In the last two weeks I attended two major events of the annual geo-calendar, Intergeo 2010 in Cologne, Germany, and AGI GeoCommunity in Stratford-upon-Avon, England. I attended these events as a delegate, exhibitor and (at AGI only) speaker. So – how did the two countries compare?
Attendees & exhibitors: Intergeo claimed over 10,000 delegates vs AGI, 500. The Intergeo was relatively quiet so I don’t quite believe the official numbers but in any case it was still in the thousands. In terms of exhibitors, it was 500 vs 15 or so. An easy first goal for Germany. Germany 1 – England 0.
Keynote audiences. At Intergeo the Day 1 keynotes started off with an audience of about 300-400 but, by Day 2, Jack Dangermond’s plenary talk was down to only 150 listeners (even though it was very good, and even though it was a combined audience with the EnviroInfo conference). By Day 3 the FIG president was talking to a rather humble 45 occupied seats. At AGI, by contrast, the Day 1 plenaries were packed with 400+ people (80% of all delegates!), tailing off to maybe 200 on Day 2. To be fair, the focus at Intergeo is on the exhibition, and at AGI on the conference. But still – England scores an equalising goal. Germany 1 – England 1.
Average age. Probably on the wrong side of 40 at either event (yes I can talk, being 39.9 years old at the time of writing). At AGI the W3G pre-conference audience was no doubt much younger (I wasn’t there), and at Intergeo a whole boatload of students suddenly turned up on Day 3. Hmm… that’s a draw – nobody scores here. Germany 1 – England 1.
Diversity female/male. If there really were 10,000 people at Intergeo then 9,900 must have been male. At AGI it was a lot more balanced, perhaps 2/3 male 1/3 female? Also many speakers at AGI were female, including the keynote by the CBI Chief Economist or the winning presentation by the Coal Authority. England pulls ahead. Germany 1 – England 2.
Positivity. Amongst the economic gloom and doom there were still many glimpses of positivity at both events. The Intergeo exhibition floor was buzzing with energy in a lot of places and you could hear a lot of laughter around (the conference presentations were less happy but we’ll come to that). At Stratford it was the reverse: the exhibition floor seemed suicidal at times but there were a lot of good & upbeat presentations – jeez, even the CBI economist sounded optimistic. On balance, well done for both events. Both score. Germany 2 – England 3.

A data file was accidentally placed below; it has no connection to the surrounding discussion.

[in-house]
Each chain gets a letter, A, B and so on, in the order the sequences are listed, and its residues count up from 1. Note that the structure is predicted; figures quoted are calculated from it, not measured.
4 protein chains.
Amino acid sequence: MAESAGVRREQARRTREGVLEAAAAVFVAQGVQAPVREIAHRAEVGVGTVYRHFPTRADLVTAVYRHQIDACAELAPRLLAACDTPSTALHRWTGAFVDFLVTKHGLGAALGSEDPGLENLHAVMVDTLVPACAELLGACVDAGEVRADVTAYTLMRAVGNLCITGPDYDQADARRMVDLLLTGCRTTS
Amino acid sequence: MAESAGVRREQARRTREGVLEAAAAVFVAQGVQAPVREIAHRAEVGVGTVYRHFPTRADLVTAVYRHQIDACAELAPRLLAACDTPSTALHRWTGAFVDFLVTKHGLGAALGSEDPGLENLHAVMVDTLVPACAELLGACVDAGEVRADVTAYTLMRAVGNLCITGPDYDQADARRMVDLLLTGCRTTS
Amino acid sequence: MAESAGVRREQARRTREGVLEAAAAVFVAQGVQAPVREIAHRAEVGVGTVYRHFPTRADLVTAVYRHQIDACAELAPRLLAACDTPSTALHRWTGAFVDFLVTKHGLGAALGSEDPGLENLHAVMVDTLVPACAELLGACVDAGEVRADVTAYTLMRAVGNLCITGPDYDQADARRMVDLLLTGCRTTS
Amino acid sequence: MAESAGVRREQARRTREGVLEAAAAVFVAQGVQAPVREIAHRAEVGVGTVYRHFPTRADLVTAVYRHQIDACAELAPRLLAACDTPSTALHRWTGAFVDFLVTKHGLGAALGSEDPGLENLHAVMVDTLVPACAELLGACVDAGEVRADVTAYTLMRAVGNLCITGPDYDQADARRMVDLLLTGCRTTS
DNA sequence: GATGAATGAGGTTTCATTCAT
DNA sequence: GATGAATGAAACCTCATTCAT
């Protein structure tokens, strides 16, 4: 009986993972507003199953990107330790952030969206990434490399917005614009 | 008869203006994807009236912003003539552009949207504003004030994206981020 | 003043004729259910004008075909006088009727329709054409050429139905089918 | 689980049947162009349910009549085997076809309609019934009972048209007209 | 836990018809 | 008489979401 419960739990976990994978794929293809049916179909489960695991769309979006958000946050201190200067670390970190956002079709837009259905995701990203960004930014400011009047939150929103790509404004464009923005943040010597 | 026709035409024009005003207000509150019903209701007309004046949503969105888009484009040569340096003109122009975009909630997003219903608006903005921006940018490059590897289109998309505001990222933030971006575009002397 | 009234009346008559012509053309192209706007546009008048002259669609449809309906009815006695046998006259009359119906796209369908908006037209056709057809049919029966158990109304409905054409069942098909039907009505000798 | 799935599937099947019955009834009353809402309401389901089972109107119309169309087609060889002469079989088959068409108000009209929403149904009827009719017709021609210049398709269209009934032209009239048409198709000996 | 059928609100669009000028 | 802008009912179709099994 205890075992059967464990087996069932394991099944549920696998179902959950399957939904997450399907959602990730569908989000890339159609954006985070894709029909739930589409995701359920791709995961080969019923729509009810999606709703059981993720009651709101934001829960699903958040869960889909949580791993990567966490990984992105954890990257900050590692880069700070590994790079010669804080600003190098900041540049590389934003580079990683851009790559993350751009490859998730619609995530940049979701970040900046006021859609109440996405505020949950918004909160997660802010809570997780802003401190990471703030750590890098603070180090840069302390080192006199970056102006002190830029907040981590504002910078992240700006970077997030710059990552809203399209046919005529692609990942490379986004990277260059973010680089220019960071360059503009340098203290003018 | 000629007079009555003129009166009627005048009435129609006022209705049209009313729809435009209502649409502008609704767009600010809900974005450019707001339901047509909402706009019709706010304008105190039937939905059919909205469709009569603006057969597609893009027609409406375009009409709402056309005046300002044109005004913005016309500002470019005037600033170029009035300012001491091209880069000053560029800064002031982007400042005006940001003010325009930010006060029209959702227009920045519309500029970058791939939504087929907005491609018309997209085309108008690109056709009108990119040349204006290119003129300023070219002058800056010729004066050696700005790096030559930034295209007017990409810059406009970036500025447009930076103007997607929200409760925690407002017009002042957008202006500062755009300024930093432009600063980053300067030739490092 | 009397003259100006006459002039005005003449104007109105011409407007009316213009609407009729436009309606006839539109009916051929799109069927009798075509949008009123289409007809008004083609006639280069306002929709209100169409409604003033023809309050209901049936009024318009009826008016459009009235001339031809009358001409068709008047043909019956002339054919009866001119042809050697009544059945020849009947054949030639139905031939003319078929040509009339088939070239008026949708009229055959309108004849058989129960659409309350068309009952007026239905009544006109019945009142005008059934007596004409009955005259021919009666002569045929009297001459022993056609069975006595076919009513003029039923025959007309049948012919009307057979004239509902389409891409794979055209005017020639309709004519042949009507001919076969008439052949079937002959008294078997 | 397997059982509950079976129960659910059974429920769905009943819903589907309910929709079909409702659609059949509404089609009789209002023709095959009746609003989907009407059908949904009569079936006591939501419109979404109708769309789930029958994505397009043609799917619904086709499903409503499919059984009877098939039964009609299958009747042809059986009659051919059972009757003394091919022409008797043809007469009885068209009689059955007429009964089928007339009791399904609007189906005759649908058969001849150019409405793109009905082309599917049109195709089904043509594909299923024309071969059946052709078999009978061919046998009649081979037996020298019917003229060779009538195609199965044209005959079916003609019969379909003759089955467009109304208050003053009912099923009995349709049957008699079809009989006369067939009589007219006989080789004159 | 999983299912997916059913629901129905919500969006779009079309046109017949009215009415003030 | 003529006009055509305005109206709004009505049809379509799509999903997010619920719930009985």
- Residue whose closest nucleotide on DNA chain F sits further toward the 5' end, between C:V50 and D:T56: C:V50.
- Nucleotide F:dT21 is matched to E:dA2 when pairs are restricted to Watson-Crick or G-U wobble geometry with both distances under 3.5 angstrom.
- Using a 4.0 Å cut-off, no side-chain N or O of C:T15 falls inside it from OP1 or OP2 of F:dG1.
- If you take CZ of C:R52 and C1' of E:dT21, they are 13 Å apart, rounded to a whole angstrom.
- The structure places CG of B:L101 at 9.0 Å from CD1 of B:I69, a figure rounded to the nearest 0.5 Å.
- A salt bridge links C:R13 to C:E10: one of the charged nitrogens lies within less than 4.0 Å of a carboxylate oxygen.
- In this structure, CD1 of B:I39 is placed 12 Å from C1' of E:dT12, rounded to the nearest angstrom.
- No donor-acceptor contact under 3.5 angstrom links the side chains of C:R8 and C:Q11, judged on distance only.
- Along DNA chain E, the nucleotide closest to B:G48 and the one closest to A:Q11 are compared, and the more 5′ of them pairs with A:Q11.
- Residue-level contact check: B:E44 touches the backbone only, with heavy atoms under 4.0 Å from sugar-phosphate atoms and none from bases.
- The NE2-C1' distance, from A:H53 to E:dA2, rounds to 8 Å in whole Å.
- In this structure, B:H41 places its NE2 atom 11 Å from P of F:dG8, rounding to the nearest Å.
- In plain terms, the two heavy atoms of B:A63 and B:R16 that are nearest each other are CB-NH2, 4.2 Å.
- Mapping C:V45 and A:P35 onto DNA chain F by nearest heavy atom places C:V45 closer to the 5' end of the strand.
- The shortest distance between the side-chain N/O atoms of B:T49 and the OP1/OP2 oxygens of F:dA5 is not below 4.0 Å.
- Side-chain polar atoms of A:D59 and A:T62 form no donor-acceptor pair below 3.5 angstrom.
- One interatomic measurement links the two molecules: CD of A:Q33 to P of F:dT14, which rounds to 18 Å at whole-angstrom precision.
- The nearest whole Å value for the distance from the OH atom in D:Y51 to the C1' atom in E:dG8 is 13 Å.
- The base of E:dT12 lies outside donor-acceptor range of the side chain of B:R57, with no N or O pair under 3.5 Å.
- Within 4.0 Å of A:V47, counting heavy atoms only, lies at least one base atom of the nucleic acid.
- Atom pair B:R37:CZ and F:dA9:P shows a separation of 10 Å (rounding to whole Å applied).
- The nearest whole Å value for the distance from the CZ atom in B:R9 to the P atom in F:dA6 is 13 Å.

Negativity. Some economic gloom was inevitable but the ESRI keynote at AGI was so downbeat that it set a new standard for geo-anxiety – it left many people baffled (not just Ed Parsons). But the Germans also indulged in some self-flagellation. The Intergeo Think Thank 2015 Debate was best summed up by the quote “the geo-industry is like a fish bowl, we think the world is made of glass.” Come on guys, a bit more optimism please! Both countries scored an own-goal here. Germany 3, England 4.
My booth is bigger than your booth. To continue with ESRI as a benchmark of the geo-mood, I measured their German booth at Intergeo. At 25x30m it was about the size of 2 tennis courts or 2 standard-size swimming pools. If you include their subsidiaries like Conterra or Sicad, who were next door, it was almost half a football field packed with geo-energy – and that was just one company! How can two ESRI franchises in two countries seem so different? And why is a single German booth bigger than the entire exhibition floor in the UK? Ok, the events have different focus but still, come on! Germany scores. Germany 4 – England 3
Highlights. AGI definitely had the more interesting presentations, my personal highlights being the CASA and Cabinet Office talks. Intergeo had more buzz on the floor (obviously) but I would be hard-pressed to remember one particular event as a highlight. Let’s give this point to England. Germany 4 – England 4.
Business leads. End users are always under-represented at geo events – you always end up talking to suppliers, partners or competitors rather than customers. But looking at the sheer numbers of delegates and the resulting probabilities of leads, Intergeo wins by a country mile. Personally I ended up with a couple of great leads at Intergeo, although this is naturally a biased reflection of my own requirements. Germany 5 – England 4
Fun. Many Intergeo exhibitors organised their own parties in the evening. Some were good but sadly all were all by invitation only. Invitations (or lack of them) were strictly enforced. At AGI, by contrast, the soapbox geo-comedy contest provided some welcome light relief from the day’s more serious events, followed by the traditional Geocommunity party which is open to all and offers ‘free’ food, drinks and games. Easy choice. Germany 5 – England 5
So we have a draw. Here come the penalty shoot-outs.
This will of course be highly objective…
I liked Jack Dangermond’s tie at Intergeo.
Germany 6 – England 5.
The AGI bar in Stratford had Lagavulin whisky.
Germany 6 – England 6.
In Cologne you can buy trousers with 38” inside leg.
Germany 7 – England 6.
I won a 3D model of Shakespeare’s house at AGI
Germany 7 – England 7.
In Cologne, hotel tax is optional. They charge 5% but you can opt out “if you wish” !?
Germany 8 – England 7.
Twitter was much more used/useful at AGI than at Intergeo.
Germany 8 – England 8.
Exhibition freebies: maglite torches at AGI vs kites at Intergeo.
Germany 8 – England 9.
Take a wrong turn at Intergeo and you’re at a biker convention and given free cigarette lighters
Germany 9, England 9
This could go on forever. Do you have any more? Or shall we just say that Intergeo was more useful and AGI more fun… you should go to both. Auf wiedersehen and bis next year.